India’s first woman in football, meet Aditi Chauhan
When it comes to international sports, women of India are finally beginning to arrive. Football, in particular, is growing to be the second most popular sport in India, after cricket.
Aditi Chauhan is India’s first entry to the English football club West Ham United Ladies. At 22, she has already made her presence felt on the world map, being the first Indian woman to get signed by a top English club for a goalkeeper. [Feature Image by Zee]
Before her bigger break, Chauhan had represented India for various competitions in the under-19 and Indian national teams. She was also captain to the Indian team that won at the South Asian Football Federation Women’s Championship in 2012 in Sri Lanka. She was also the first- choice goalkeeper at the Asian Games held in South Korea in 2014.
Contrary to what many might know and believe, football is one of those sports where the women’s team is ranked higher than its male counterpart.
Chauhan was interested in the sport since her very young days. She was a great athlete in school and it was because of the motivation and support of her sports coach at school, that she got her first big opportunity in the under-19 state team at an early age of 15.
She doesn’t fail to acknowledge the fact that even up until a few years ago, women were not (in, many parts of the country, they still are not) allowed to actively participate in sports. Sports has always been considered a man’s domain.
But with Chauhan, her grandmother had also been an athlete and knew exactly how it felt to be restrained not because people think you are any less capable, but because society doesn’t find it acceptable for a woman to venture into a certain territory that belongs to men. Hence came her support, which eventually led to an international recognition for her fine skills.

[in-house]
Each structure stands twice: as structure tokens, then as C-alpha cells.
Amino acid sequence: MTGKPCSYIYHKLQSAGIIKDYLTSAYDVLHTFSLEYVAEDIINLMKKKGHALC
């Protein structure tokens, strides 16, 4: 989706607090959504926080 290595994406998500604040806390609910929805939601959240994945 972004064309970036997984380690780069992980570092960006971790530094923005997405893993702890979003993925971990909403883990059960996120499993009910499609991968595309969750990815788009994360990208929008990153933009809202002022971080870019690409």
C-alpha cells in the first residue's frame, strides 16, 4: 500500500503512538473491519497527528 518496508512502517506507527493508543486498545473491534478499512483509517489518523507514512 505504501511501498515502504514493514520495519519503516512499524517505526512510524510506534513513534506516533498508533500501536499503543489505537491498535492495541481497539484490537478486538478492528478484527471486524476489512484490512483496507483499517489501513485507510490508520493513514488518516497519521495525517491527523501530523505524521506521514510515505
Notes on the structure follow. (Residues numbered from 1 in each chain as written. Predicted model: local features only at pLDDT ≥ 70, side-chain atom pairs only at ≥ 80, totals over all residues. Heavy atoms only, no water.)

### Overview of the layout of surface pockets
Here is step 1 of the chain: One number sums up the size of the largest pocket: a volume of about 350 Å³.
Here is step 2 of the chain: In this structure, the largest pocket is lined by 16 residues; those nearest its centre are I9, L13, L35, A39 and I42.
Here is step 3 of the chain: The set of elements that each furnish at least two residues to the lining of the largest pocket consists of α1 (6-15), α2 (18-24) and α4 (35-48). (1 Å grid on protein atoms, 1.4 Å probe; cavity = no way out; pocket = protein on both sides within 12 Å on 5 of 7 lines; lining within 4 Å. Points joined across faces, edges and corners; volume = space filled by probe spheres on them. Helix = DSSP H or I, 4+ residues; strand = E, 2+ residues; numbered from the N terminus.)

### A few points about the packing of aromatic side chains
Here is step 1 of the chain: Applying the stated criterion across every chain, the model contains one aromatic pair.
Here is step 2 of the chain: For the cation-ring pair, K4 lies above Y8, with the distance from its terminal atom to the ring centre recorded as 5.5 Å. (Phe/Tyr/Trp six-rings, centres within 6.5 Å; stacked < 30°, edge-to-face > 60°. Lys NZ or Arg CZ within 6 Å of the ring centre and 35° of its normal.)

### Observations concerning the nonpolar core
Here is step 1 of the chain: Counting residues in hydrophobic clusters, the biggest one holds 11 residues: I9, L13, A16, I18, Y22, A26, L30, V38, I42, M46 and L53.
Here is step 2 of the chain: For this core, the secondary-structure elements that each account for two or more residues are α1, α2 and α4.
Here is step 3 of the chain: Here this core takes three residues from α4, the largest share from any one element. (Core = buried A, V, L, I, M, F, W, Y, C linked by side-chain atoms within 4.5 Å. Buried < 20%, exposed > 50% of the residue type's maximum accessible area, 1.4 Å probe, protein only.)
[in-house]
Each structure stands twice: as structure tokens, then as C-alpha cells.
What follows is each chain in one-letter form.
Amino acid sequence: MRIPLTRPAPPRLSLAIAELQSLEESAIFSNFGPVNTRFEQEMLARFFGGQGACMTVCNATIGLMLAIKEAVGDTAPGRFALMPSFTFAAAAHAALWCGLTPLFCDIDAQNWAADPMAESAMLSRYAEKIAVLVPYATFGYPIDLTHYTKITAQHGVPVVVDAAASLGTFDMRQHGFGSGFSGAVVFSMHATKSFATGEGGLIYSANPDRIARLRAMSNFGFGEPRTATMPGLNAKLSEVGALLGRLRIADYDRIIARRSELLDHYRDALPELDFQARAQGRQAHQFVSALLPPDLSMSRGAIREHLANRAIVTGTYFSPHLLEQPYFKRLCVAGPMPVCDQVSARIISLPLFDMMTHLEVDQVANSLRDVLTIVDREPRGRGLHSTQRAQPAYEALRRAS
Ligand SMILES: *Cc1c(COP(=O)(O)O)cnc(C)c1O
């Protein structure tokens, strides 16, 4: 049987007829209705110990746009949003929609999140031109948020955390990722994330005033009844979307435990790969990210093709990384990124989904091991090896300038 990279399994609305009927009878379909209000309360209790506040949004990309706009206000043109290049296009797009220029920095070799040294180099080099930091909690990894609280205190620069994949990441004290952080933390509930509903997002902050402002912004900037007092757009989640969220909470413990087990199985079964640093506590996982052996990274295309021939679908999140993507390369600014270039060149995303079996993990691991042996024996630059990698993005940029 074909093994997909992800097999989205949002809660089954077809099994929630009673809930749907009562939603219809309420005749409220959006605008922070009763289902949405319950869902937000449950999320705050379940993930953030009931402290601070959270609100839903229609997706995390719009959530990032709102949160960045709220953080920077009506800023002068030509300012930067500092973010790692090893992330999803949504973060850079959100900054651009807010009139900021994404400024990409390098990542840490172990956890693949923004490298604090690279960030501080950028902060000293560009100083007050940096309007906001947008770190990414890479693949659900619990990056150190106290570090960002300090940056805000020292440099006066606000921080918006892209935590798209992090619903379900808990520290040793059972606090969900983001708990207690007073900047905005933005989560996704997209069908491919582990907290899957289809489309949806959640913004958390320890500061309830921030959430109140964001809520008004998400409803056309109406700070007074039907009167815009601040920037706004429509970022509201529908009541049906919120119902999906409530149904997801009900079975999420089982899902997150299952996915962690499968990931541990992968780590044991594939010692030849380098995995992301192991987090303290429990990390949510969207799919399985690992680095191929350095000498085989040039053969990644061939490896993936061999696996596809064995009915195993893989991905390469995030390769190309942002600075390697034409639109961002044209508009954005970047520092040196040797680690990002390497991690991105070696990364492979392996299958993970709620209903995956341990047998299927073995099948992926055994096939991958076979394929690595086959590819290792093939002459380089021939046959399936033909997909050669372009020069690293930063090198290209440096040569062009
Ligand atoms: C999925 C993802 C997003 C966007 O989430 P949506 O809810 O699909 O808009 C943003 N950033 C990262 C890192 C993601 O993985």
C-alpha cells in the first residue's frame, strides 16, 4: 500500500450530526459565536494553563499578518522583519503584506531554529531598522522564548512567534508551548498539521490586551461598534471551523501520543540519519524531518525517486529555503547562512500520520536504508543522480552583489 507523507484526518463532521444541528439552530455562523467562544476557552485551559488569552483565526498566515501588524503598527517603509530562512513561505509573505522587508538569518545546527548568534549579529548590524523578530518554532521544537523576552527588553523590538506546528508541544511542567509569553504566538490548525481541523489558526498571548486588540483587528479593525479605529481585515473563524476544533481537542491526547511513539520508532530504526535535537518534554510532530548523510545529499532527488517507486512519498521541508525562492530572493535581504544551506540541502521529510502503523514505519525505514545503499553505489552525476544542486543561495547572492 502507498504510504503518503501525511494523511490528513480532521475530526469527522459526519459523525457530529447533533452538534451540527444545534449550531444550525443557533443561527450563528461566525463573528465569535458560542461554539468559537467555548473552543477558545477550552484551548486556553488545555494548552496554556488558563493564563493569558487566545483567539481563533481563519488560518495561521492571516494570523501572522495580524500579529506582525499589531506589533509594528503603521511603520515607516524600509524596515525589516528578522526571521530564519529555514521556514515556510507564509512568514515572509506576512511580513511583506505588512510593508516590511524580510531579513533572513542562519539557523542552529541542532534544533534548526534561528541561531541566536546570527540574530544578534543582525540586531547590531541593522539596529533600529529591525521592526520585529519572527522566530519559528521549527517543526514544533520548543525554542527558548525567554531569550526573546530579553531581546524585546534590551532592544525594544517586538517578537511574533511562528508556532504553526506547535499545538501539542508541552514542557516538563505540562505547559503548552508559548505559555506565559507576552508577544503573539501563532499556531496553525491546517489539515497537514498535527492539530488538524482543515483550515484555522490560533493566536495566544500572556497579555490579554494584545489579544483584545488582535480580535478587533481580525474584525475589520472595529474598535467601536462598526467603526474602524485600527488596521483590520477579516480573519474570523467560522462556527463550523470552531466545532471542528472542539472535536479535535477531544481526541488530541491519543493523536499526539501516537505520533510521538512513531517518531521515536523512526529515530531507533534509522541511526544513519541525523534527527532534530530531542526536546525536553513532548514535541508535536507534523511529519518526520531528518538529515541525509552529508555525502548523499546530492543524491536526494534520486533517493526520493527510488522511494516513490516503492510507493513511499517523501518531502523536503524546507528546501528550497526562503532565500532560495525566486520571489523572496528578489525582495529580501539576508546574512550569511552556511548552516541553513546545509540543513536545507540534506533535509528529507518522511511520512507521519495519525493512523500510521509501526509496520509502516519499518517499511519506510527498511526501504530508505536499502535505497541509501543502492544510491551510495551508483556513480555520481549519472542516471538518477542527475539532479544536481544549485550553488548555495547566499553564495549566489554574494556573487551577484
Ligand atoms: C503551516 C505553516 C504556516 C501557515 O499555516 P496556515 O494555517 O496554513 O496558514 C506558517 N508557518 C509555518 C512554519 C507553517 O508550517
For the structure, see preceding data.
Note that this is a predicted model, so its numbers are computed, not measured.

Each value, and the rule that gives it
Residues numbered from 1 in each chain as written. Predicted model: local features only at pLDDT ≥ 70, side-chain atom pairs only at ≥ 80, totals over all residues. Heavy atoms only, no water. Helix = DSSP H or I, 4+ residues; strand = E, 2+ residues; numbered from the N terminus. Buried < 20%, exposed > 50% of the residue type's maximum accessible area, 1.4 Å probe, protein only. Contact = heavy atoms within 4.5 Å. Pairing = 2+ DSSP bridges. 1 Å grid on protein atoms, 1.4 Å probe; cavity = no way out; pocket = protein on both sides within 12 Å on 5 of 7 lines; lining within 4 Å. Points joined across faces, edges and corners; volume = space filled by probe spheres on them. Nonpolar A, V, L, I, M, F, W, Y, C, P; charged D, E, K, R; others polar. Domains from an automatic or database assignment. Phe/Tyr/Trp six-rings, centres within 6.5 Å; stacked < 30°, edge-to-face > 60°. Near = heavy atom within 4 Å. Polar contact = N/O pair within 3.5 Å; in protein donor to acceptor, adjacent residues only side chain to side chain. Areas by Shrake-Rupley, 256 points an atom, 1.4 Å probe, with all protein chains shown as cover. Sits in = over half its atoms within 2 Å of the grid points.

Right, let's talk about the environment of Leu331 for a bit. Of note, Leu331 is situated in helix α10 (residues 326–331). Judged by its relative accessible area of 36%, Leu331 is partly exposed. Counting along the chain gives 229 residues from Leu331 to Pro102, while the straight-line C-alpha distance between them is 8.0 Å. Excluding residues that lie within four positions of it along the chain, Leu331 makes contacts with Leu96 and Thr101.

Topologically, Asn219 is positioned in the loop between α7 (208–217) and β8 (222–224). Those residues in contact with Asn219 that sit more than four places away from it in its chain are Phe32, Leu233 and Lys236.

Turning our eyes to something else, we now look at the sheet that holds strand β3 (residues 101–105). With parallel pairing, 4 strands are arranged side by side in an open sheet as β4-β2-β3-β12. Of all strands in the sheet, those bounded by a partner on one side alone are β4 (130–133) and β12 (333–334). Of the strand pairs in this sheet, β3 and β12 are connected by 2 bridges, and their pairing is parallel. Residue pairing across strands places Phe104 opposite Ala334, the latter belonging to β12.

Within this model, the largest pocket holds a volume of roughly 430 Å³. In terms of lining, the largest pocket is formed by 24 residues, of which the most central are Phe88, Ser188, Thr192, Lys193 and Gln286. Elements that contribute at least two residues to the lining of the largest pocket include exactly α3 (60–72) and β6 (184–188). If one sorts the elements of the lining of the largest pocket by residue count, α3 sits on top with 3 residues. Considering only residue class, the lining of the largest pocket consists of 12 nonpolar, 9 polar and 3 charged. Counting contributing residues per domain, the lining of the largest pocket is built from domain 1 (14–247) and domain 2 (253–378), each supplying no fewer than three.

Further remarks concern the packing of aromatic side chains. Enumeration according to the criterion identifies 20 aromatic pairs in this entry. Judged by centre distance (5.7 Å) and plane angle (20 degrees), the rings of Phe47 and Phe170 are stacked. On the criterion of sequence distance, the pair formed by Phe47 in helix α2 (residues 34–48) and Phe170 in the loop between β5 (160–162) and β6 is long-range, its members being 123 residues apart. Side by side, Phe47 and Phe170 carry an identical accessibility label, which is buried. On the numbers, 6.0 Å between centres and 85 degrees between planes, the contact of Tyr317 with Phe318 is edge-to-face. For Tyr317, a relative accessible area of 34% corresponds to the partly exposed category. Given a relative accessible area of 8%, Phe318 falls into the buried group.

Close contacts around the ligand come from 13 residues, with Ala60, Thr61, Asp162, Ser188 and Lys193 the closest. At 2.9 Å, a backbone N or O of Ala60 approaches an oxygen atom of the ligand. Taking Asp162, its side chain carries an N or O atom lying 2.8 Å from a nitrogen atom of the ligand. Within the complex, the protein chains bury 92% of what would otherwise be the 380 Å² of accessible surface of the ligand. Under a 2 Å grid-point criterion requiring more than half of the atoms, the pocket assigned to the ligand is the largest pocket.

What’s most heart-breaking in this entire affair is the fact that India is unable to retain such talented sportswomen on its payroll. Chauhan grew up and was educated in India. Even her abilities were sharpened by an Indian. But yet, she made an apparently smarter career choice by moving her loyalties to a place where her passion had a fruitful future.
Aditi agrees that there is also a lack of media support for women’s sports in the country. According to Chauhan, the events that they participate in are never covered, while many of the neighbouring countries have websites dedic
ated to promoting the sports events that women participate in.
Another big problem faced by female sportspersons in India is their lack of access to talented international coaches. She also agrees that Indian women sports in blooming with talent, we just need to bridge the gap between the players and the resources that they need in order to shine on the globe.
There are also no clubs or I-leagues for women sports, which is another roadblock in popularizing the idea amongst women and young girls.
Across the world, on an average, news about women’s sports continues to range between 5-15% of the total news represented. It is high time that we acknowledge women’s space in sports and create a pool of resources which can catalyze the entry of women into the domain of sports, as well.